President's Page: We are All Human

2022-12 Pres Page-800

“Not everything that weighs you down is yours to carry.”

By: Landon Ascheman

This piece of wisdom stuck out to me as I was listening to the latest book by a wonderful Minnesota author, Dakota Krout. His books have helped me get through the pandemic.

I was thankful for those books. They gave me a chance to get away, if only mentally. My wife and I were locked inside with a two-year-old year old and another on the way, everyone staying separate and just trying to make it through the day.  Fears and anxiety had to wait, my mind had something else to do, even if it was only five minutes here or ten minutes there. While a lot has changed regarding the pandemic, the stress, anxiety, and depression that our profession endures is still intense.

Early in the pandemic, I would have paralegals and law clerk interns reach out regarding assignments and meetings. Generally there was a health concern—someone was sick, or not doing well. The standard response was always, “We are all human, health comes first.” Then we got a little deeper into the pandemic, I would be on video calls with the court or the prosecutor, and someone would be sick or not doing well. Continuances were granted, accommodations were made: after all, we are all human, and health should come first.

I was proud of our profession and how those that I worked with responded to the health needs of those around us. There was a level of compassion and understanding that aren’t often attributed to the stereotypical lawyer.

That doesn’t mean that we have solved our issues as a profession, but it gives me hope that we can get there. I think it’s easier for us to be compassionate and make accommodations for physical health concerns. But we don’t do a great job when it comes to mental health. We talk about it, but we don’t really take the time to adjust for it in the same way that we have for COVID-19.

I think that for many of us, there is a sense that acknowledging our mental health challenges makes us weak. Especially in a profession where so much of our job is both mentally taxing and competitive.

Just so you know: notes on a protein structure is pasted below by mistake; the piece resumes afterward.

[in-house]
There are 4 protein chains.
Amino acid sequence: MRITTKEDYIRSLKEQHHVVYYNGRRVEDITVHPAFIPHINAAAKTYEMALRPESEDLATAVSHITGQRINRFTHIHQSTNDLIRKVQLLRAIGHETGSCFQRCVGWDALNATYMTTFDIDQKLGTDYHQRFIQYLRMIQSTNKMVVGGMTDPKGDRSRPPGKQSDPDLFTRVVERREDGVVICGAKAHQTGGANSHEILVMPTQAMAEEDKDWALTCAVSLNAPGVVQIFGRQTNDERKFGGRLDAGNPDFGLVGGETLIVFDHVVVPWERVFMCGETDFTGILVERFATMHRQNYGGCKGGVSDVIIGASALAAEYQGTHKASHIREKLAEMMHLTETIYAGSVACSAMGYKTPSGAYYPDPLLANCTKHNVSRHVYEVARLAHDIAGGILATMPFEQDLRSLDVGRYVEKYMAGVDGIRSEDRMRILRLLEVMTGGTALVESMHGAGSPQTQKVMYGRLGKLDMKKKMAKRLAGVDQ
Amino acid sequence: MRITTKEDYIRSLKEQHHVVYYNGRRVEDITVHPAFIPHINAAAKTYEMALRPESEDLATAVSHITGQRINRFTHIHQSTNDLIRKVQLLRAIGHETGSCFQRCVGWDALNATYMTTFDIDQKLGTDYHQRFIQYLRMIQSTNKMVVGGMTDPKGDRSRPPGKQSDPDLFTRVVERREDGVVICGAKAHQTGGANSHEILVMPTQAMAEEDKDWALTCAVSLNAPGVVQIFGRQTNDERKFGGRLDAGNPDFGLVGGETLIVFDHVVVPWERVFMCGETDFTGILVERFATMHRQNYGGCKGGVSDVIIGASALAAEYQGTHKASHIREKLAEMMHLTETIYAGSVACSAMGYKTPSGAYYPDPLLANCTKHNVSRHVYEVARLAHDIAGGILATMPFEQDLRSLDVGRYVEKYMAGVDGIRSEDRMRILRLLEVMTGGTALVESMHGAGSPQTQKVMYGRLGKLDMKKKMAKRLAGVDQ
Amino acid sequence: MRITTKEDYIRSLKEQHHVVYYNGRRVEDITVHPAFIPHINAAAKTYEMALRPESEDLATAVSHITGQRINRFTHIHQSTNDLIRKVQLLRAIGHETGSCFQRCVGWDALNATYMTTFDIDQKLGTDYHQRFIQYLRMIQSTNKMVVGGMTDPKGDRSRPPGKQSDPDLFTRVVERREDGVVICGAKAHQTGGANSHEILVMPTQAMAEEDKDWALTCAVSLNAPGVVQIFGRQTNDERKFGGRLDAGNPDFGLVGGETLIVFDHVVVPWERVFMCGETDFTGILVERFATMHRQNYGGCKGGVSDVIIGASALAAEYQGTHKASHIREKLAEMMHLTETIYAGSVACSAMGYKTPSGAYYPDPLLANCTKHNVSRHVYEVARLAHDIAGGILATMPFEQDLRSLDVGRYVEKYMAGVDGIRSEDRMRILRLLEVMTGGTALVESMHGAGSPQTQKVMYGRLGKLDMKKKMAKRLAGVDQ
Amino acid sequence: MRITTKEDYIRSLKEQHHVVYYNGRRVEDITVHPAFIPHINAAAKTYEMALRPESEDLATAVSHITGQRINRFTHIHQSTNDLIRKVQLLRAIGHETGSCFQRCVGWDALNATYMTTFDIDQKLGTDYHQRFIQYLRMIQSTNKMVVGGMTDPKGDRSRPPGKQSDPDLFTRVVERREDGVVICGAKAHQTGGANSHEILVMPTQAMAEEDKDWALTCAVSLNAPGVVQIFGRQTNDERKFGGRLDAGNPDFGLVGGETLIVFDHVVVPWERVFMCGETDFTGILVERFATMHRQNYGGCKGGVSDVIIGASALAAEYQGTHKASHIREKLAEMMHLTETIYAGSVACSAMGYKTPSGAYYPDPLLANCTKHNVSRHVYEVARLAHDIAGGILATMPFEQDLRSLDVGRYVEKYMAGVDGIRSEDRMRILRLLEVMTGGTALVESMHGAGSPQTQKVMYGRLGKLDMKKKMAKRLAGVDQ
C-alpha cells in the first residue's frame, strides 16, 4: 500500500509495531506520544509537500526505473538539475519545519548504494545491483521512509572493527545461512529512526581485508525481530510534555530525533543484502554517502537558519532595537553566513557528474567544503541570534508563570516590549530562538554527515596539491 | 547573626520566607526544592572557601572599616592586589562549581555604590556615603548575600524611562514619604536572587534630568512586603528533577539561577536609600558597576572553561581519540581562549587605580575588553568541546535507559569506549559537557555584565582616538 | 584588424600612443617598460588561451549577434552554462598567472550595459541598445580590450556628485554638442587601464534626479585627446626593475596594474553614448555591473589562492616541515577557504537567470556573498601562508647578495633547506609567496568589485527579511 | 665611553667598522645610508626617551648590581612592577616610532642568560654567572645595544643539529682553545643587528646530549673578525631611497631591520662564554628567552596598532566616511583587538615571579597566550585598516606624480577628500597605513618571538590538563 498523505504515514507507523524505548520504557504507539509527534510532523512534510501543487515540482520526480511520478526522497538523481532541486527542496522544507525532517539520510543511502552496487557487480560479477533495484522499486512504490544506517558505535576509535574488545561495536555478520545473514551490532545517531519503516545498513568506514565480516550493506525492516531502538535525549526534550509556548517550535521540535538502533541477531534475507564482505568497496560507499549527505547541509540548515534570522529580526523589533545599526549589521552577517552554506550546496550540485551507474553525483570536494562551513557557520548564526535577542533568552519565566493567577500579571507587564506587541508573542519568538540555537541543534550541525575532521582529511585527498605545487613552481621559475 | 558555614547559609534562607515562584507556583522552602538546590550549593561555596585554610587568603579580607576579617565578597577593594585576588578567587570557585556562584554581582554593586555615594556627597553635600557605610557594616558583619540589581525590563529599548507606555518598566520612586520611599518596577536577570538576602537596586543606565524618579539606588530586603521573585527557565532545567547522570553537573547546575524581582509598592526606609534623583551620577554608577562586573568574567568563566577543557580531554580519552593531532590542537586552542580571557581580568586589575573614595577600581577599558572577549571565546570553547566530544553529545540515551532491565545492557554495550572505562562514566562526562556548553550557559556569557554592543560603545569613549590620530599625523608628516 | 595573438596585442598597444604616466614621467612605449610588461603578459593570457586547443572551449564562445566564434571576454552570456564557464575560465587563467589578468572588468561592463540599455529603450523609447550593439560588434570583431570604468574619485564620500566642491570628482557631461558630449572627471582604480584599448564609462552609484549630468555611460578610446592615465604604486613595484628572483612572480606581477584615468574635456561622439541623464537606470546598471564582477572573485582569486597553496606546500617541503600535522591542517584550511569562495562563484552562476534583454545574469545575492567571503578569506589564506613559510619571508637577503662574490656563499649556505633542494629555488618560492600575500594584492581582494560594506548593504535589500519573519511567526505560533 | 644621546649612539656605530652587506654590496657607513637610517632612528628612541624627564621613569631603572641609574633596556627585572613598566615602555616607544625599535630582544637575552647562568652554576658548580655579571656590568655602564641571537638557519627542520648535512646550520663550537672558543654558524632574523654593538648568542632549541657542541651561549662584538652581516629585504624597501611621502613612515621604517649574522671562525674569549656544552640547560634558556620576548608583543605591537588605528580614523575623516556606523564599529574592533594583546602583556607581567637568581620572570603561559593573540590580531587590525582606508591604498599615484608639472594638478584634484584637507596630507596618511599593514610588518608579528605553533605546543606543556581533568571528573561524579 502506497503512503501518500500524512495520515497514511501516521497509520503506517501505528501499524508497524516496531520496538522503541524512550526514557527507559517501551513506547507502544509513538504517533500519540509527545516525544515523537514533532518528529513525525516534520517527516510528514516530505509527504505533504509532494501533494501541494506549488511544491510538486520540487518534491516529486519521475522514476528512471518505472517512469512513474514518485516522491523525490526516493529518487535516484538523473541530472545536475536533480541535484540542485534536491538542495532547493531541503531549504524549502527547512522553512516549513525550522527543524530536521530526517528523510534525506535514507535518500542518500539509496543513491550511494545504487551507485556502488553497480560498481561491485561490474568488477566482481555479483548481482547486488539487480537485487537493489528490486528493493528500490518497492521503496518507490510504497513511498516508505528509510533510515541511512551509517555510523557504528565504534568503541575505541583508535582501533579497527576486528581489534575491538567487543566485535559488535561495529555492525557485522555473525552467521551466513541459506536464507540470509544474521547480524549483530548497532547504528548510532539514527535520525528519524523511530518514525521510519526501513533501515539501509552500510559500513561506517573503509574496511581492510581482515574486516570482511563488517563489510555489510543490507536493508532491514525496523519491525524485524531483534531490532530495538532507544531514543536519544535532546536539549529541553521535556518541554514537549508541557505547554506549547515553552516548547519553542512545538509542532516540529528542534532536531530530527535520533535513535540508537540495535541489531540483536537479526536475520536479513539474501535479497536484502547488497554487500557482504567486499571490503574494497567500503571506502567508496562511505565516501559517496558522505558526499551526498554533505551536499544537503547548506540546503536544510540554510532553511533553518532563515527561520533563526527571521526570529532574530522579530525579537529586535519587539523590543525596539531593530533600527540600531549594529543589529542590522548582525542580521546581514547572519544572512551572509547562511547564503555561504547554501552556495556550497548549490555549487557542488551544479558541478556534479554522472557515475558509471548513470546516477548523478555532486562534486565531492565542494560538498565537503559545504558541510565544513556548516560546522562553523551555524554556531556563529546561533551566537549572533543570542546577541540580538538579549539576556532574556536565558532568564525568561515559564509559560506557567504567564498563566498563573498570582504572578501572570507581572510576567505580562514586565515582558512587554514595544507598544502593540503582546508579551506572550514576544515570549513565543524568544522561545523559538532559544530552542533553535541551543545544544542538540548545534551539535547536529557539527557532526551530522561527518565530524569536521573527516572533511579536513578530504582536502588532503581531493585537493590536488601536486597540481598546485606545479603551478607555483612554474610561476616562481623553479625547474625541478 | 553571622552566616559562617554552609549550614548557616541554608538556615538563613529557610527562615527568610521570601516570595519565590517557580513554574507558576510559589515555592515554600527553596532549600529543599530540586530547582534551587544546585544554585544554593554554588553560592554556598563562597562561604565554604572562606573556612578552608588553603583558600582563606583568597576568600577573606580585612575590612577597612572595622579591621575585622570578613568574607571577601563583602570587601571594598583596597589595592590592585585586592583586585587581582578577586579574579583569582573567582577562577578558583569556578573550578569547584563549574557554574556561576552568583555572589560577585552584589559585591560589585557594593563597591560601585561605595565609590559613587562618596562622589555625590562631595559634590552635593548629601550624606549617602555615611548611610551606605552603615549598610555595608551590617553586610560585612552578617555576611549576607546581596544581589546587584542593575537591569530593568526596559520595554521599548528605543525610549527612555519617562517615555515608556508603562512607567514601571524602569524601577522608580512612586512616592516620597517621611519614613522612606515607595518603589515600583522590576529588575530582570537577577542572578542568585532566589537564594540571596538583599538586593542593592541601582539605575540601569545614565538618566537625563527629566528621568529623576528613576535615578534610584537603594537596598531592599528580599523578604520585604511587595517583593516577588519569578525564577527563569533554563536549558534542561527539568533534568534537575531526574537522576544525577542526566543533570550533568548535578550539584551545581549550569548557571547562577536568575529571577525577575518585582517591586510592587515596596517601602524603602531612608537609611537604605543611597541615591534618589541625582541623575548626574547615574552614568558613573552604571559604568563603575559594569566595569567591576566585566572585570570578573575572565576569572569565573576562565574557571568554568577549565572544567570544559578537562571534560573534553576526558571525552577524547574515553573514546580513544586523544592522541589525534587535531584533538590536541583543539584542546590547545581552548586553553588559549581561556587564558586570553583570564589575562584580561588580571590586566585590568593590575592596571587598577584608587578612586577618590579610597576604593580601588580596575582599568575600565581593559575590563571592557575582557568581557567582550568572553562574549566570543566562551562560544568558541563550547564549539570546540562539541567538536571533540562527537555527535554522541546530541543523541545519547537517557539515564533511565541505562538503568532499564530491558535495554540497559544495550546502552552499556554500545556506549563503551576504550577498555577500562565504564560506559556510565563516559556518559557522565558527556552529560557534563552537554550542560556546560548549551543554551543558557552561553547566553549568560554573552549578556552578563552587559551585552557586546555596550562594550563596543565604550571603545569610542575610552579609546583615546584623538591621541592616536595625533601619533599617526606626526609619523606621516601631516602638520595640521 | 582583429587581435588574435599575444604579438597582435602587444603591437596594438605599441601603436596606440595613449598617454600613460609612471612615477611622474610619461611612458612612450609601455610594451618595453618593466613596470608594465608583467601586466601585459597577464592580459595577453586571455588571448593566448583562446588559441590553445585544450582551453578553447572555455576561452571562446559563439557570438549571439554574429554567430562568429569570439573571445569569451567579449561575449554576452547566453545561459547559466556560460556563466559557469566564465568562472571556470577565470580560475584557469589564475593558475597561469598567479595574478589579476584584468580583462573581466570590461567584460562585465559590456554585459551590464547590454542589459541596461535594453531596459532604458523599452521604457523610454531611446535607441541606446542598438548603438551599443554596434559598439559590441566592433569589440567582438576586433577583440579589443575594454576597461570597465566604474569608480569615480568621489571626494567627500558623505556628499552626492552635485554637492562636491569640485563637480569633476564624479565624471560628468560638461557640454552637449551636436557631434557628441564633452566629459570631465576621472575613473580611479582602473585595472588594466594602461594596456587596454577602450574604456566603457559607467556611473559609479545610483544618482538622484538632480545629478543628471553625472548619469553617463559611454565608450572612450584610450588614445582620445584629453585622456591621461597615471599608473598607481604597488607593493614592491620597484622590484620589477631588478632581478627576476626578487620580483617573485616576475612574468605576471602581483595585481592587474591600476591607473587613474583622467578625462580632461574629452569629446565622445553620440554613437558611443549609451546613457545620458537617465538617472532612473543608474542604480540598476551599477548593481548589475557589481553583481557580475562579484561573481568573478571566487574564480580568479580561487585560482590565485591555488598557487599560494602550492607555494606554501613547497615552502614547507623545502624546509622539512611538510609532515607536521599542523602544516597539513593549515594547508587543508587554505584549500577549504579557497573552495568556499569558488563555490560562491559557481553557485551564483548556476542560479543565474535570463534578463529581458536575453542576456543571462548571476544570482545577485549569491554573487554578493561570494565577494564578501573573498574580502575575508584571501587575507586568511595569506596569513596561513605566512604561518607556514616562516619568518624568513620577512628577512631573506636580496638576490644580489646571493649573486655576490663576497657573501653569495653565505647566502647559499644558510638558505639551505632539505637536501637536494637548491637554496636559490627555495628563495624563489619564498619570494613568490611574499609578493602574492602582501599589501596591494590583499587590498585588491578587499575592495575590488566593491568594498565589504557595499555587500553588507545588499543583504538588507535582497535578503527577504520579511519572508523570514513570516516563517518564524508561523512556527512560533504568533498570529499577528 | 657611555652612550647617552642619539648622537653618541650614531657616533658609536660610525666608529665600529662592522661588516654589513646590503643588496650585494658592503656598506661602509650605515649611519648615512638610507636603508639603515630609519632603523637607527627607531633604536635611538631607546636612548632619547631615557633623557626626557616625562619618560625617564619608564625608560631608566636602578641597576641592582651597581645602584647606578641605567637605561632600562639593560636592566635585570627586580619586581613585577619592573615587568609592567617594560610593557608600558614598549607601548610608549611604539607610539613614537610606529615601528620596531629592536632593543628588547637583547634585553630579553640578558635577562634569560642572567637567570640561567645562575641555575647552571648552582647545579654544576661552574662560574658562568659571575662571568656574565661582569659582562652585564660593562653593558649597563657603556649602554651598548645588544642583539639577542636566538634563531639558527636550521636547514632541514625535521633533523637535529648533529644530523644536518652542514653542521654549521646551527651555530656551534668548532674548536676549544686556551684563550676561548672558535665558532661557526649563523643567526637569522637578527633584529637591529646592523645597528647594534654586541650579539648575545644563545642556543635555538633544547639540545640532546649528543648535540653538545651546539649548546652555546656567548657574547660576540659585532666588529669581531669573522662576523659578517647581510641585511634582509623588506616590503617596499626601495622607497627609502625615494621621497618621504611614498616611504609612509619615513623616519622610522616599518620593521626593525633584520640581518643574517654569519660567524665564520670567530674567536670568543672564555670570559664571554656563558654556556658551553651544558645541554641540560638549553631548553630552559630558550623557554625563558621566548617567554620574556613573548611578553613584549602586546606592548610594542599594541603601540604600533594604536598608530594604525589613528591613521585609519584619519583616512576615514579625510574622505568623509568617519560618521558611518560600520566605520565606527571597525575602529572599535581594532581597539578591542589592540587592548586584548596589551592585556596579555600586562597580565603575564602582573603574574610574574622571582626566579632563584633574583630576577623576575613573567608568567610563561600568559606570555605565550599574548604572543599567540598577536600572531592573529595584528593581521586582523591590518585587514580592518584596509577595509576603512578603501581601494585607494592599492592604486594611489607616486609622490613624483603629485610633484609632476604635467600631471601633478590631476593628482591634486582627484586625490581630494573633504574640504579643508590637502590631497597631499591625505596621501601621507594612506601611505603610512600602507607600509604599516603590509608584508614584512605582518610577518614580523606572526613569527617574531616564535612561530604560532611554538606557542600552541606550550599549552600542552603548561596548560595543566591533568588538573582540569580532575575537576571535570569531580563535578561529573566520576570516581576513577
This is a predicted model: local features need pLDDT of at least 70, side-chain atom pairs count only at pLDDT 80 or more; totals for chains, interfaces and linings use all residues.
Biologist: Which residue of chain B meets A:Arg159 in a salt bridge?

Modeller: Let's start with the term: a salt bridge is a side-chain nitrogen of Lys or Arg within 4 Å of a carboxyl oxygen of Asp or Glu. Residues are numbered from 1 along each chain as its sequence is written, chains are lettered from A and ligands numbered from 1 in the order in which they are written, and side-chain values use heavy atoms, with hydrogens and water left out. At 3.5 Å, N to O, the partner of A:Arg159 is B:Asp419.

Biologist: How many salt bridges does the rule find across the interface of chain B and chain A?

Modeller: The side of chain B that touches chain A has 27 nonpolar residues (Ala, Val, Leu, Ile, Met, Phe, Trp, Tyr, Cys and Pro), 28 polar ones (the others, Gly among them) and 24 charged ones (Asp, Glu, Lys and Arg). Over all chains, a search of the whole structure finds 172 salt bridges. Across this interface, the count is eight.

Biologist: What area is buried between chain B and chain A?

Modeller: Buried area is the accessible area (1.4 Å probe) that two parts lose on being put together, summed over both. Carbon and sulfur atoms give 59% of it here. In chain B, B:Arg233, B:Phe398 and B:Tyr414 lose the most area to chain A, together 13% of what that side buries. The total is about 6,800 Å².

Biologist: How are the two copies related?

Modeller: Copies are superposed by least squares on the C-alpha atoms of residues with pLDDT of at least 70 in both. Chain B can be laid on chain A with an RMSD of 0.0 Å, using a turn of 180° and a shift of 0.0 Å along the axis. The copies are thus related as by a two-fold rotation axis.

I think that for many of us, there is a sense that acknowledging our mental health challenges makes us weak. Especially in a profession where so much of our job is both mentally taxing and competitive. We believe our profession demands Instagram influencer levels of perfection when it comes to publicly presenting our mental state. We constantly want to appear like we are in control, to reassure our clients, posture for opposing party, instill confidence in the judge and jury. We use filters to hide the fact that many of us deal with things like anxiety and depression, whether on large or small scales.

But I want to remind you that you’re not alone, you don’t need to be alone, and it’s okay to be human like the rest of us. We often forget that underneath that veneer of perfection that we all try to show everyone, we are human. We are not perfect, and that includes our mental health as well.

Beyond that, we need to be looking for ways to improve our profession to recognize the fact that we are all human. It’s not enough for us to say “take care of yourself, health comes first” if we turn around and expect ourselves and others to work 70+ hour work weeks, or file on a Friday afternoon, knowing it will cause opposing counsel to have to work all weekend. To steal a line from Professor Natalie Netzel:

“Merely preaching self-care, in a profession that makes little space for it, makes it a kind of unfunded mandate—one more way lawyers fall short. One more way to fail. We need to move in the direction of “mutual care.” By this I mean that we need to work together to create a profession that allows and respects the time and space needed to take care of oneself. We need to celebrate healthy boundaries and stop the glorification of toughing it out.”

We have a lot of work to do on this front. But after how I saw our profession take care of one another during the COVID pandemic, I believe we can address the mental health pandemic as well. I welcome your thoughts. If you could change the legal profession to improve mental health, what would you do?

I want to give a special thank you to Professor Natalie Netzel and Joan Bibelhausen for their thoughts and work in this area. For more information on the topic, please checkout Institute for Wellbeing in Law and, as always, the essential services of Lawyers Concerned for Lawyers.

Landon Ascheman

Landon Ascheman is the president of the Hennepin County Bar Association. He is a solo practitioner with Ascheman Law focusing primarily on criminal law. 

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